The Forgotten Battle of Bevershoutsveld, May 3, 1382: Technological Innovation and Military Significance
It may have been at Bevershoutsveld where gunpowder weapons first decided the outcome of a battle.
How Philip Augustus outmanoeuvred three English kings
King Philip II of France mastered the art of foreign relations, and used his skills against Henry II, Richard I, and John.
How Much did the Gothic Churches Cost? An Estimate of Ecclesiastical Building Costs in the Paris Basin between 1100-1250
I estimate that over this 150-year period, on average, 21.5 percent of the regional economy was devoted to the construction of these Gothic churches, 1.5 percent of which is directly related to the implicit cost of labor.
Aiming for Peace and Responding to Crisis: Movement and the Saints in Eleventh-Century Southern French Miracle Collections
In the miracle texts of Saints Vivien at Figeac, Privat at Mende, and Enimie at Sainte-Enimie, all written in the eleventh century in the south of France, movements abound in a flurry of danger and excitement in reference to their relics.
The Great Western Schism, Legitimacy, and Tyrannicide: The Murder of Louis of Orléans (1407)
I will argue that the use of this kind of vocabulary during the Schism may have facilitated a slip into the rhetoric of tyrannicide, and may have incited it. I will suggest that the climate and rhetori of the Schism may have led John the Fearless to rationalize tyrannicide against his cousin, Louis of Orléans.
The Hundred Years’ War with David Green
Episode 3 of The Medieval Podcast – Taking a look into the Hundred Years’ War between England and France with David Green.
How the Borders of France changed in the Middle Ages
Here are four videos created by Youtubers that show the changing borders in France during the Middle Ages.
Torture and Confession in the Templar Interrogations at Caen, 28–29 October 1307
Perhaps more clearly than anywhere else in the documentation of the “Trial of the Templars,” these acts reveal how royal agents extracted confessions from the Templars in the weeks following their arrest.
Viking invasions, a French failure?
Vikings never interested French Historians. Pagan, illiterate, barbaric, Germanic, everything was despicable in the eyes of the French Historians of the 19th century.
When Medieval England was Almost Invaded
Froissart enthusiastically notes that many among the French host ‘considered England to be already crushed and devastated, all her men killed, and her women and children brought to France in slavery’.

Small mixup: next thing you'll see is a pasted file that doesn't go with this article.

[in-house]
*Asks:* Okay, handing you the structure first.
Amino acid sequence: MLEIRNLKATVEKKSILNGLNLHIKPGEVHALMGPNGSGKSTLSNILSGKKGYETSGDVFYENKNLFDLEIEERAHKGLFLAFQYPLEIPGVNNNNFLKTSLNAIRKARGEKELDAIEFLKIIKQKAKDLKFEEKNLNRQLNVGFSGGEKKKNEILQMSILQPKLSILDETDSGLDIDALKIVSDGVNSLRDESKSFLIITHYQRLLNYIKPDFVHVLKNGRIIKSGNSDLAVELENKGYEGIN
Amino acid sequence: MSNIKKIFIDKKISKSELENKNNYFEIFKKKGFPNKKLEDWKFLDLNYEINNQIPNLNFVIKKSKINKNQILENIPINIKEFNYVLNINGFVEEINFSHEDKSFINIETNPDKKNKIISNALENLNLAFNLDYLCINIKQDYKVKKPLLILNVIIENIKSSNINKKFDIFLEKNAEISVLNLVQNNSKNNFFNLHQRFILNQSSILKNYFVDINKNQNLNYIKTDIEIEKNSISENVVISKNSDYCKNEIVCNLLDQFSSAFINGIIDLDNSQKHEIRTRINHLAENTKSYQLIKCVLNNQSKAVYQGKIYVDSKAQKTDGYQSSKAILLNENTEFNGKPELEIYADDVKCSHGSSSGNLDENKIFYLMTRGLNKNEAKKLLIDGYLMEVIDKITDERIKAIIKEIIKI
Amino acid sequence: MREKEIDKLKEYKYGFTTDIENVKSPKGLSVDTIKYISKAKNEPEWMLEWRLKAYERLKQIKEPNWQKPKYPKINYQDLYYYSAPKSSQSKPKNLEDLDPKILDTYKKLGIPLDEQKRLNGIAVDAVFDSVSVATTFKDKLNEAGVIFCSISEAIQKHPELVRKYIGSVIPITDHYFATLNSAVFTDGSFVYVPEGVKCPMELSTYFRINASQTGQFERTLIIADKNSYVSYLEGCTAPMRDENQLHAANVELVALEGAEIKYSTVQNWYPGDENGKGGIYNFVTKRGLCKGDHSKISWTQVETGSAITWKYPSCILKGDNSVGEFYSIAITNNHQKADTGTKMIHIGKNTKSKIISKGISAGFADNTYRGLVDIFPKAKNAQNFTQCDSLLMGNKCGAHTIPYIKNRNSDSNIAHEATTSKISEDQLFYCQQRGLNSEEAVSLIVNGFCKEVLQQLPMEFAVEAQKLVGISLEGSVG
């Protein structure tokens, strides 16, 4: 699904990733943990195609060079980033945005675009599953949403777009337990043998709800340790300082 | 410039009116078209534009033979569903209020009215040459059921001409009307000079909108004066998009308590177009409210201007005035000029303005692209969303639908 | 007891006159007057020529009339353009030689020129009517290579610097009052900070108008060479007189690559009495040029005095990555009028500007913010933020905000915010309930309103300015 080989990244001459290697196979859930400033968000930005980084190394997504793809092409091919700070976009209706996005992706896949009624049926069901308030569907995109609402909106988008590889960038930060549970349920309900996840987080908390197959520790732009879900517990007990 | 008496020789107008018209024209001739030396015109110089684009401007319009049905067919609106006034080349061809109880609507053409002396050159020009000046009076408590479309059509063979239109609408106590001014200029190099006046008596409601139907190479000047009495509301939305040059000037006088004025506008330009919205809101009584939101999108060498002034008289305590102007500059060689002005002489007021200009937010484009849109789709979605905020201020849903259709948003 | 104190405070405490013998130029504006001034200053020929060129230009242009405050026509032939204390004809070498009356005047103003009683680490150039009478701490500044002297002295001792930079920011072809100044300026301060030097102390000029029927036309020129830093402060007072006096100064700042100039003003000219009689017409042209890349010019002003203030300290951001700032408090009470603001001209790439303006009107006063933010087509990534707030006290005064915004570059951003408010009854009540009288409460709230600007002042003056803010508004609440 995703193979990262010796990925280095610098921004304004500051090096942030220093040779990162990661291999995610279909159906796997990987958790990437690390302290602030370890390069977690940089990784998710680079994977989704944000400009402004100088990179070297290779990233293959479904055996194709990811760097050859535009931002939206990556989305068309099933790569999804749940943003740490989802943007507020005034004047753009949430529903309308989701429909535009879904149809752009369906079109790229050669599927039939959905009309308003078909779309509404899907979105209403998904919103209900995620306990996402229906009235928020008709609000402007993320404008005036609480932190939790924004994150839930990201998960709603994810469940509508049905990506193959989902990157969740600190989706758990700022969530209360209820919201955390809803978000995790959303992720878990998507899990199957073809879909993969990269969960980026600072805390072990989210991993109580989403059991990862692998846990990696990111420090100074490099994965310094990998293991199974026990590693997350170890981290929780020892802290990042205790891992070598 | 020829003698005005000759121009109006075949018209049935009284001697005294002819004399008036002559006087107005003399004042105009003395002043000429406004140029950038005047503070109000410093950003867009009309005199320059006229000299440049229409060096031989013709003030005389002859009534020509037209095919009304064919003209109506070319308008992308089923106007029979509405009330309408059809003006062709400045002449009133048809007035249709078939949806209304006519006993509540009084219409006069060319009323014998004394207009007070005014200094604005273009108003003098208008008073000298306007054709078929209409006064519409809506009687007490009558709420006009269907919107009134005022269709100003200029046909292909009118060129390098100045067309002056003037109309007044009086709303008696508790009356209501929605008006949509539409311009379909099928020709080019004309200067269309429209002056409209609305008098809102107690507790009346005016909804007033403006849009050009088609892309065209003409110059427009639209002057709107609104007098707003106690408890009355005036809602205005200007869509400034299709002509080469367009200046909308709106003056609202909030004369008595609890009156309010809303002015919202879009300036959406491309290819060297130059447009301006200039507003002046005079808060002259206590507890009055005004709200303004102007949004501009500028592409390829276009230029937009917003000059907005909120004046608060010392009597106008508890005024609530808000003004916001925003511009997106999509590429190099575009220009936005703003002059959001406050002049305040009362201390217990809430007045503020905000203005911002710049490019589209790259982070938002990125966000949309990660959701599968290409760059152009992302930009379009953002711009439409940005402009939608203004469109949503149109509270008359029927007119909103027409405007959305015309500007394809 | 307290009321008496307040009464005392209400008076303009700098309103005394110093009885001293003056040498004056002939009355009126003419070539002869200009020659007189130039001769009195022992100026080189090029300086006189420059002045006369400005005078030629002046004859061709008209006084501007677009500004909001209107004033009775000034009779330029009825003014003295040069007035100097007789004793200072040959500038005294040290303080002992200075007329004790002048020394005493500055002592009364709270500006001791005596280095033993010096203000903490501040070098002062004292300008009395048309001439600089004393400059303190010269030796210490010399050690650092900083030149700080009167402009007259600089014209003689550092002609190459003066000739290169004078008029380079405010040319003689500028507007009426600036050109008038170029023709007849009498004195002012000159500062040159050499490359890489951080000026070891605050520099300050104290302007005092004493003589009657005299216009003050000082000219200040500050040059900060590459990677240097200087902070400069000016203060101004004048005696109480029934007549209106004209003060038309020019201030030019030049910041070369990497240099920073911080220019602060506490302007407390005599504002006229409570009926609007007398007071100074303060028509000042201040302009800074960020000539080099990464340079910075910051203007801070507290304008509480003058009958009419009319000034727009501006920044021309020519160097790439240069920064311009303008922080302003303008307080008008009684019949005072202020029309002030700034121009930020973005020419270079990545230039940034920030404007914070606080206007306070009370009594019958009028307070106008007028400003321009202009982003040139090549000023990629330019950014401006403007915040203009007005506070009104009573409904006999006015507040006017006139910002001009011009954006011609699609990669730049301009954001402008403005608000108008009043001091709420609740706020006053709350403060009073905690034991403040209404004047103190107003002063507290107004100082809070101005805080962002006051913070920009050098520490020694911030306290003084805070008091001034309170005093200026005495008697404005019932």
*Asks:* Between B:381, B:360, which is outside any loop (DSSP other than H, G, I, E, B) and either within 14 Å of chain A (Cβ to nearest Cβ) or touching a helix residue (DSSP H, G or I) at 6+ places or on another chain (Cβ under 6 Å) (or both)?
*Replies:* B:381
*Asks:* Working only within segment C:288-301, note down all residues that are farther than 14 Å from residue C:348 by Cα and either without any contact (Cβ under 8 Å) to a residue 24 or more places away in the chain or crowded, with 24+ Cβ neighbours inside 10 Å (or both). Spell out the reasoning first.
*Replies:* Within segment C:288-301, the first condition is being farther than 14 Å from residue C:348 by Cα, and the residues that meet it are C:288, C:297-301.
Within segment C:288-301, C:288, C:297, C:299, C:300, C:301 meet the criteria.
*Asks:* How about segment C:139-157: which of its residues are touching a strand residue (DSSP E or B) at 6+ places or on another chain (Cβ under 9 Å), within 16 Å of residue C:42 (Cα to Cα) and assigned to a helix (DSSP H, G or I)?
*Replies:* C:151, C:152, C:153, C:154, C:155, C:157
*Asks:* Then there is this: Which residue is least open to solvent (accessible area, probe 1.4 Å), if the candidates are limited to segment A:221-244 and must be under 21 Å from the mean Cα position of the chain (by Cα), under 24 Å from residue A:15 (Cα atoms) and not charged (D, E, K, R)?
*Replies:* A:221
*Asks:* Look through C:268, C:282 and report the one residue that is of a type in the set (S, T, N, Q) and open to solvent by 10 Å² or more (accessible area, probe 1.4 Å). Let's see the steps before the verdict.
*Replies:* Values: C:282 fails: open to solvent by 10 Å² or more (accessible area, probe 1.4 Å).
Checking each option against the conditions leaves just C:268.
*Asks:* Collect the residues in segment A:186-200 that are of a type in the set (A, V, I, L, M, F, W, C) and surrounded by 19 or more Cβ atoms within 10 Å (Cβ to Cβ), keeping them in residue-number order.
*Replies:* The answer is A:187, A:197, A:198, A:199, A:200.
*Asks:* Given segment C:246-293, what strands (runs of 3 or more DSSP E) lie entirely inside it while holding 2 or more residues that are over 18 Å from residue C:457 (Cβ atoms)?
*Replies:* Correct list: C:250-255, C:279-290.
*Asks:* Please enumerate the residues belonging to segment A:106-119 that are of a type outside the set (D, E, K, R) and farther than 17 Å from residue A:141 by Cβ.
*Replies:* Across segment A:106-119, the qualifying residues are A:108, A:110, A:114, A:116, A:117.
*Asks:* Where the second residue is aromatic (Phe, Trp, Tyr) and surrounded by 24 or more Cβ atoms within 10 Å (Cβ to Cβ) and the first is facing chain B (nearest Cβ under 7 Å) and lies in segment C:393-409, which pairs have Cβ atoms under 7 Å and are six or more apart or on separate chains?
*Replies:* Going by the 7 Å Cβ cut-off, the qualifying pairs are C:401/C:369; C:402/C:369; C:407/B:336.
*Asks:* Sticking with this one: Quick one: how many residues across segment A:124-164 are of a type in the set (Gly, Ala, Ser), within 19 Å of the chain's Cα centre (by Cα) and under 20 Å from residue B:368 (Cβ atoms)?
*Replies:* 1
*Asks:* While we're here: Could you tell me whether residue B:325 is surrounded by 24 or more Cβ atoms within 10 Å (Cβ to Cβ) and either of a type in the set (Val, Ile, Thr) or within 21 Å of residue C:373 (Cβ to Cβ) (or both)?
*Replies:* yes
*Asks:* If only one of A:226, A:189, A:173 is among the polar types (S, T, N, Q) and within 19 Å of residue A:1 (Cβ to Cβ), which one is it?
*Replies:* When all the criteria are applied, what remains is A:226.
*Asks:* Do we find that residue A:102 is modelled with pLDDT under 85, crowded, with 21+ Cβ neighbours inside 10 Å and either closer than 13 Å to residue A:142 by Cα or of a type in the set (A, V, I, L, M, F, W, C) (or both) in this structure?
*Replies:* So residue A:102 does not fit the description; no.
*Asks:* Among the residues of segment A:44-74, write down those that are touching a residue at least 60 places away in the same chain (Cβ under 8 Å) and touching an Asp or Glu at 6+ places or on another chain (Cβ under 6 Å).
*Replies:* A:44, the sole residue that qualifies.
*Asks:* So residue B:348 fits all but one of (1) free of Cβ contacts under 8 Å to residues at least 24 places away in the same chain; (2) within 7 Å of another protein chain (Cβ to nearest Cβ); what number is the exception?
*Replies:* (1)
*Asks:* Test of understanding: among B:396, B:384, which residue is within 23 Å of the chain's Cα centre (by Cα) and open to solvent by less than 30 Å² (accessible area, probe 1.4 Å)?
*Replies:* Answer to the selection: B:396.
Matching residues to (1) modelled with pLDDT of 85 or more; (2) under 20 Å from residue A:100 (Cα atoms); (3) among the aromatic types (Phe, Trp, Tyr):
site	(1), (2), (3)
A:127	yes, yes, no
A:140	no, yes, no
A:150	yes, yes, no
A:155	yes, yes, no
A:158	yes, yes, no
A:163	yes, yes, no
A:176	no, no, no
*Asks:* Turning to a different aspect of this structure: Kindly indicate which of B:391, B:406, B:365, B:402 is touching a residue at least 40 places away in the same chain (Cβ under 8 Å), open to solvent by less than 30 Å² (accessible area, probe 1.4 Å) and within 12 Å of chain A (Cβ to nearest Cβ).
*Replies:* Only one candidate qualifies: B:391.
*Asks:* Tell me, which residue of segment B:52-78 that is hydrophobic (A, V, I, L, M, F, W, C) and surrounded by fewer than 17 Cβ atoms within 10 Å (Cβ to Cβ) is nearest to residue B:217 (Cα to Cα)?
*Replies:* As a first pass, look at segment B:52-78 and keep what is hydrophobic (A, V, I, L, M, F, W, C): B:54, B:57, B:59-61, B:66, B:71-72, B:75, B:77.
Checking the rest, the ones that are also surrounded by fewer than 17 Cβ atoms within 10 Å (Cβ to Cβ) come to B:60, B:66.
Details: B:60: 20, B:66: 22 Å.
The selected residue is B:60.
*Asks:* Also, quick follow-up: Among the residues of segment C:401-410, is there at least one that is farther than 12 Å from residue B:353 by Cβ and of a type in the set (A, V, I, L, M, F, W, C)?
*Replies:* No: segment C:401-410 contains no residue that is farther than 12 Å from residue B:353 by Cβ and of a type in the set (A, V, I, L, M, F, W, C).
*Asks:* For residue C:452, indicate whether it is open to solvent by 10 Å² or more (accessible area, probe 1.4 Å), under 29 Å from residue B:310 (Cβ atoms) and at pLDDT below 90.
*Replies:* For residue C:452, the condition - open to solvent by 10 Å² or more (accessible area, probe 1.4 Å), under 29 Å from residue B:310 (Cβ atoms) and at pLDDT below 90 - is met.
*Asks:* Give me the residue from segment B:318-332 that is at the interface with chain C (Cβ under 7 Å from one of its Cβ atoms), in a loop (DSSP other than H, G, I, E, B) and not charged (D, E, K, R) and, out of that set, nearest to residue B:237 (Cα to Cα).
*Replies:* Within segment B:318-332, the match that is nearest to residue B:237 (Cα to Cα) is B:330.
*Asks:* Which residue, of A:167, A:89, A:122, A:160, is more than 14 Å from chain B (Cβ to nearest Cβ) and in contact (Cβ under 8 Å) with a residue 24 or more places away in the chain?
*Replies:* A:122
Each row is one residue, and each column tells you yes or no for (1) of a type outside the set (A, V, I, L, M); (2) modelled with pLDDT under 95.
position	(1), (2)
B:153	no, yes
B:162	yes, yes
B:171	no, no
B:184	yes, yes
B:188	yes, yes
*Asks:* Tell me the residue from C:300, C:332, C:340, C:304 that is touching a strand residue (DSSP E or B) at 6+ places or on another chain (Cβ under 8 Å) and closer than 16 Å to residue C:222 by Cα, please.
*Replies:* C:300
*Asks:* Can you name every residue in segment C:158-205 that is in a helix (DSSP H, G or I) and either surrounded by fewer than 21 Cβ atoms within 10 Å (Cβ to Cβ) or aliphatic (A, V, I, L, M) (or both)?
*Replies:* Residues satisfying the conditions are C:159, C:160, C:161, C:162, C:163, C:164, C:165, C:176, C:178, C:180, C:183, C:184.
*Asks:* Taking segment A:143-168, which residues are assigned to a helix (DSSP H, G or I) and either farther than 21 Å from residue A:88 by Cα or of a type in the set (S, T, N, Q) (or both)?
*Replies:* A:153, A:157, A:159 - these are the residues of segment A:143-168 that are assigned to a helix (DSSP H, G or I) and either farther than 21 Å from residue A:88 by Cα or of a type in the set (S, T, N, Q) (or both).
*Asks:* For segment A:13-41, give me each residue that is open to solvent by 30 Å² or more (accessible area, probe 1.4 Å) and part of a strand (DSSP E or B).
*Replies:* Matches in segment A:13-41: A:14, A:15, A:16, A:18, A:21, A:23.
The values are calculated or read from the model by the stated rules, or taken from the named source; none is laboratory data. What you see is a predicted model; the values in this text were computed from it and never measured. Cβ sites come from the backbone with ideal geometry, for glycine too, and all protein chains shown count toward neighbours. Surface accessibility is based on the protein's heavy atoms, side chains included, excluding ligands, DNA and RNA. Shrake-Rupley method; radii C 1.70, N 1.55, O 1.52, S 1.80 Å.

Early Medieval Muslim Graves in France: First Archaeological, Anthropological and Palaeogenomic Evidence
This study provides the first archaeo-anthropological testimony of the Muslim establishment in South of France through the multidisciplinary analysis of three graves excavated at Nimes.
Medieval sunken buildings in the North of France: from samples to micro-features
Thirty years of development of preventative archaeology in France have permitted a renewal of the research into the early medieval period.
A Woman as Leader of Men: Joan of Arc’s Military Career
Though she was radically different from other contemporary military leaders, her troops followed her with a loyalty unsurpassed by any other late-medieval captain.
The Rhythms of Vengeance in Late Medieval Marseille
Interpersonal violence was common in late medieval Marseille, as it was everywhere in Europe. In the fourteenth century, the city was riven by warfare between two great factions involving some of Marseille’s leading families.
Castle for Sale: Montaiguillon
The ruins of this thirteenth-century castle in northern France are available for €280 000.
Tournaments, Jousts and Duels: Formal Combats in England and France, circa 1380 – 1440.
During the period circa 1380-1440, knights and men-at-arms in England and France engaged in armed combat in a range of different contexts. One of these contexts was in formal combats, which included jousts, judicial duels, and foot combats.
Matthias Corvinus and Charles the Bold
The paper investigates the diplomatic relations of Matthias Corvinus with the Charles the Bold, Duke of Burgundy, focusing on the 1460s and ‘70s.
Making Your Mark: Medieval Masons’ Marks at Tarascon
How do you operate a business when you can’t read and your knowledge of math is extremely limited? Making your mark on the…
Policing Violence: Royal and Community Perspectives in Medieval France
It is the purpose of this thesis to demonstrate that there were legitimate and acceptable forms of violence that could be used to police society.
The Medieval Magazine (Volume 3, No. 10) : The Great Famine
In this issue: The Great Famine – Food and Hunger in the 14th Century Feature: 10 Things to Know About the Great Famine Exhibits: Saints…
The Weird, the Wonderful, and the Macabre in the Cathedral of Narbonne
Narbonne is one of those European cities with evidence of its past on every street.
The Medieval Magazine (Volume 3, Issue 9) : The Magic of King Arthur
In this issue: A Man for All Centuries: The Changing Myth of King Arthur, Guy Ritchie’s King Arthur comes to the big screen!, Medieval Minded with author Guy Gavriel Kay, Books: Harold: The King Who Fell at Hastings, Travel: A hidden medieval garden in Southern France
Book Review: A Medieval Woman’s Companion by Susan Signe Morrison
Susan Signe Morrison’s book, “A Medieval Woman’s Companion” brings the contributions of medieval women, famous and obscure, to the forefront in this fantastic introductory text.
Grandparents in Urban and Rural Lower Languedoc at the End of the Middle Ages
It was not uncommon at the end of the Middle Ages to live up to sixty or seventy years, to know one’s grandchildren and be a part of their lives.
Castle for Sale: Le Château de Pouzilhac
Originally built in the 12th century, and expanded in the 14th century, this French castle has been completely restored and offers medieval charm and modern comfort.